A Beautiful Hidden World!
Look at the photo on the top left. That’s a firefly projecting its bioluminescence. And the one on the top right is a chameleon in its fluorescent state.
Both bioluminescence and fluorescence are experiences of light in different ways. In the case of bioluminescence, an emission of light is produced by a chemical reaction within a living organism. Most bioluminescent organisms, or deep-sea creatures, are found in the ocean, but almost none of these organisms are native to freshwater habitats. Bioluminescent fireflies, and some types of fungi, are among the ones found on land. (firefly photo courtesy of madrimasd.org) It is thought that there is a survival value in organisms being bioluminescent.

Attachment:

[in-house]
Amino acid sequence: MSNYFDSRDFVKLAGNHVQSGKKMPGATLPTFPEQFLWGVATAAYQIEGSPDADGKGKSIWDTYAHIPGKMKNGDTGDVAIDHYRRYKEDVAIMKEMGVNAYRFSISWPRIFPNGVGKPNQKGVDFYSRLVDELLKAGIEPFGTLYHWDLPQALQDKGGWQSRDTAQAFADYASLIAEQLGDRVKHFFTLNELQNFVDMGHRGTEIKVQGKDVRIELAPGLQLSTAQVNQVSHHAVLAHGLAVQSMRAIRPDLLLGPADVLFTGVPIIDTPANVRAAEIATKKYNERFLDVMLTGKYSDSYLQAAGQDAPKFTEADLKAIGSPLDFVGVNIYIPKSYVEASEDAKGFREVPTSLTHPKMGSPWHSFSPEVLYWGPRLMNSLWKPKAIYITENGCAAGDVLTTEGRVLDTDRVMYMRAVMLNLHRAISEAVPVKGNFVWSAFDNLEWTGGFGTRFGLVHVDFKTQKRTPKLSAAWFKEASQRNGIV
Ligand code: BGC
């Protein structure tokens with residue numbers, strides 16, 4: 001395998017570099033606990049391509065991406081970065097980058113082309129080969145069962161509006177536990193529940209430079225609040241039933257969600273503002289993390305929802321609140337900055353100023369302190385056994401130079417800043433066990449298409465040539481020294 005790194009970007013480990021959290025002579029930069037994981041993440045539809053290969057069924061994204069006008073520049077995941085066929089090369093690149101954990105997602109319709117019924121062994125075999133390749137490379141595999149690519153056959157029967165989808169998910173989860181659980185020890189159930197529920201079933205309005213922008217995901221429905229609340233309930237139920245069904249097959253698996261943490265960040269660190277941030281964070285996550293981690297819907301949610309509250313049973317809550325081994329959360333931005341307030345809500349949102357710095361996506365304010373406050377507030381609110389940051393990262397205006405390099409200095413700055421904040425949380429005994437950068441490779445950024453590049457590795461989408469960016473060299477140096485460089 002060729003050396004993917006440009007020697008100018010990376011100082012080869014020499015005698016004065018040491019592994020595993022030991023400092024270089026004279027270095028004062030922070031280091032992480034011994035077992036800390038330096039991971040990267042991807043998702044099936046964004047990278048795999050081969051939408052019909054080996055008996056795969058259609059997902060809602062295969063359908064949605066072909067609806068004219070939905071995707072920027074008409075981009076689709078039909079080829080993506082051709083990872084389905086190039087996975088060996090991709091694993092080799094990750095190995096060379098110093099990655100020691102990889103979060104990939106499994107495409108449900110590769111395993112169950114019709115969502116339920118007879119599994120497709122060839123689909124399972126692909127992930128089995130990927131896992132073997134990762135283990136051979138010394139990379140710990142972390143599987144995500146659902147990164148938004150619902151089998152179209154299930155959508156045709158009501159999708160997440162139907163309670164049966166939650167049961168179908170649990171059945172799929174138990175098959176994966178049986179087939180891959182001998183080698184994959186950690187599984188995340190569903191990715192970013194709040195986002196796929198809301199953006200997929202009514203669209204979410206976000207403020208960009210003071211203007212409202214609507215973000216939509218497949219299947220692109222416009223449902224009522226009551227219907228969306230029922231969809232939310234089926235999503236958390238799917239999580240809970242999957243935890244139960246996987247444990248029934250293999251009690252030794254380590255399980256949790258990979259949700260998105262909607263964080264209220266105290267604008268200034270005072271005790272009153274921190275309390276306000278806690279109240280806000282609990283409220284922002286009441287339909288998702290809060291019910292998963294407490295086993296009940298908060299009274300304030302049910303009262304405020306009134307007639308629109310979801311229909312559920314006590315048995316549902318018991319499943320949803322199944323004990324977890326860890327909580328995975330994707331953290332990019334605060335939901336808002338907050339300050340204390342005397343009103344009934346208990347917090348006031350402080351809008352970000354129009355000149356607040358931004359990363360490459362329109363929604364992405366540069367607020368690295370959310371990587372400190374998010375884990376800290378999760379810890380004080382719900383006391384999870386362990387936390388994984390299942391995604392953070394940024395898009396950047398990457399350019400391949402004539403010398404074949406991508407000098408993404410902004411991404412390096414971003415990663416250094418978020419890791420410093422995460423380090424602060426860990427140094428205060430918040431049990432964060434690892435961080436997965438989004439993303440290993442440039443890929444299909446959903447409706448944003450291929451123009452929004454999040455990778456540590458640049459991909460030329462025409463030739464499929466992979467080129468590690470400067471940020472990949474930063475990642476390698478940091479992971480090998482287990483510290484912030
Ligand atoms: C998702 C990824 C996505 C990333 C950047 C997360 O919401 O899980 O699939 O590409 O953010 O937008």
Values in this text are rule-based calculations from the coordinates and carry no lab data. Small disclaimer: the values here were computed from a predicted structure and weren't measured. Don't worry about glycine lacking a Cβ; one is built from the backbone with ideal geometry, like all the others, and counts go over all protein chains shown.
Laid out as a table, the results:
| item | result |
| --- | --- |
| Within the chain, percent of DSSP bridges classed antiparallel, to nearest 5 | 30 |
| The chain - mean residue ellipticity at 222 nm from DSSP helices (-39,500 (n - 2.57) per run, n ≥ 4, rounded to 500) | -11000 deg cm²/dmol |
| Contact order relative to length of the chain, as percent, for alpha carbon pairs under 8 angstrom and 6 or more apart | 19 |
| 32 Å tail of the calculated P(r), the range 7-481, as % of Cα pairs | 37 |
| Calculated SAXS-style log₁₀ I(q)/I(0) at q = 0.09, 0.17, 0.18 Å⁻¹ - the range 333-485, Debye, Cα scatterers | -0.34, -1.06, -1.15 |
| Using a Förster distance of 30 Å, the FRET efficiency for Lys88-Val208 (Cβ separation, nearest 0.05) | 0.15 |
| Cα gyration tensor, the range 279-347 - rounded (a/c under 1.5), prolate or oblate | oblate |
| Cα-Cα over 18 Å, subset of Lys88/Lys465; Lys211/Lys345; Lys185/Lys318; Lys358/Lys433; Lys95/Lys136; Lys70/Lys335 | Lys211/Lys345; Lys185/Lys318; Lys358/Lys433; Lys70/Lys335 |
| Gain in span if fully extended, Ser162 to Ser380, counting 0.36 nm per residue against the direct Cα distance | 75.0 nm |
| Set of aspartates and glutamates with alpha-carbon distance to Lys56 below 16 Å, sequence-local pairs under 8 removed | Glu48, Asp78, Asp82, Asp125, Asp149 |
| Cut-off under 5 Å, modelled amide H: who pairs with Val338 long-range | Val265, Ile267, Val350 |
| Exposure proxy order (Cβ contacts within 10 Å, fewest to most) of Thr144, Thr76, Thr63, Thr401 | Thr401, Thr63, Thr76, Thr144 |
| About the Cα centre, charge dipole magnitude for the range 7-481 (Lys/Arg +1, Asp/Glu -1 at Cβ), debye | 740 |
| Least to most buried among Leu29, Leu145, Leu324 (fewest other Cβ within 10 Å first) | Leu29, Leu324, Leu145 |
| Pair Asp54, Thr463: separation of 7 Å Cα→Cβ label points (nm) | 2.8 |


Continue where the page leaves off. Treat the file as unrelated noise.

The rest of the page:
Fluorescence, however, does not involve a chemical reaction. In fluorescence, a stimulating light – UV light, is absorbed and remitted by the organism. By definition, fluorescence is the absorption of light in one color and the emission in another. It occurs when a special structure glows in the presence of a fluorescent light. Fluorescent animals include scorpions, corals, jellyfish, the South American tree frog, a rare type of sea turtle, and some chameleons, to name a few. (photo courtesy of Scientific Report, Jan.15)
And as we are well aware at Birds on the Brink Sanctuary, some plants, bees and butterflies also fluoresce.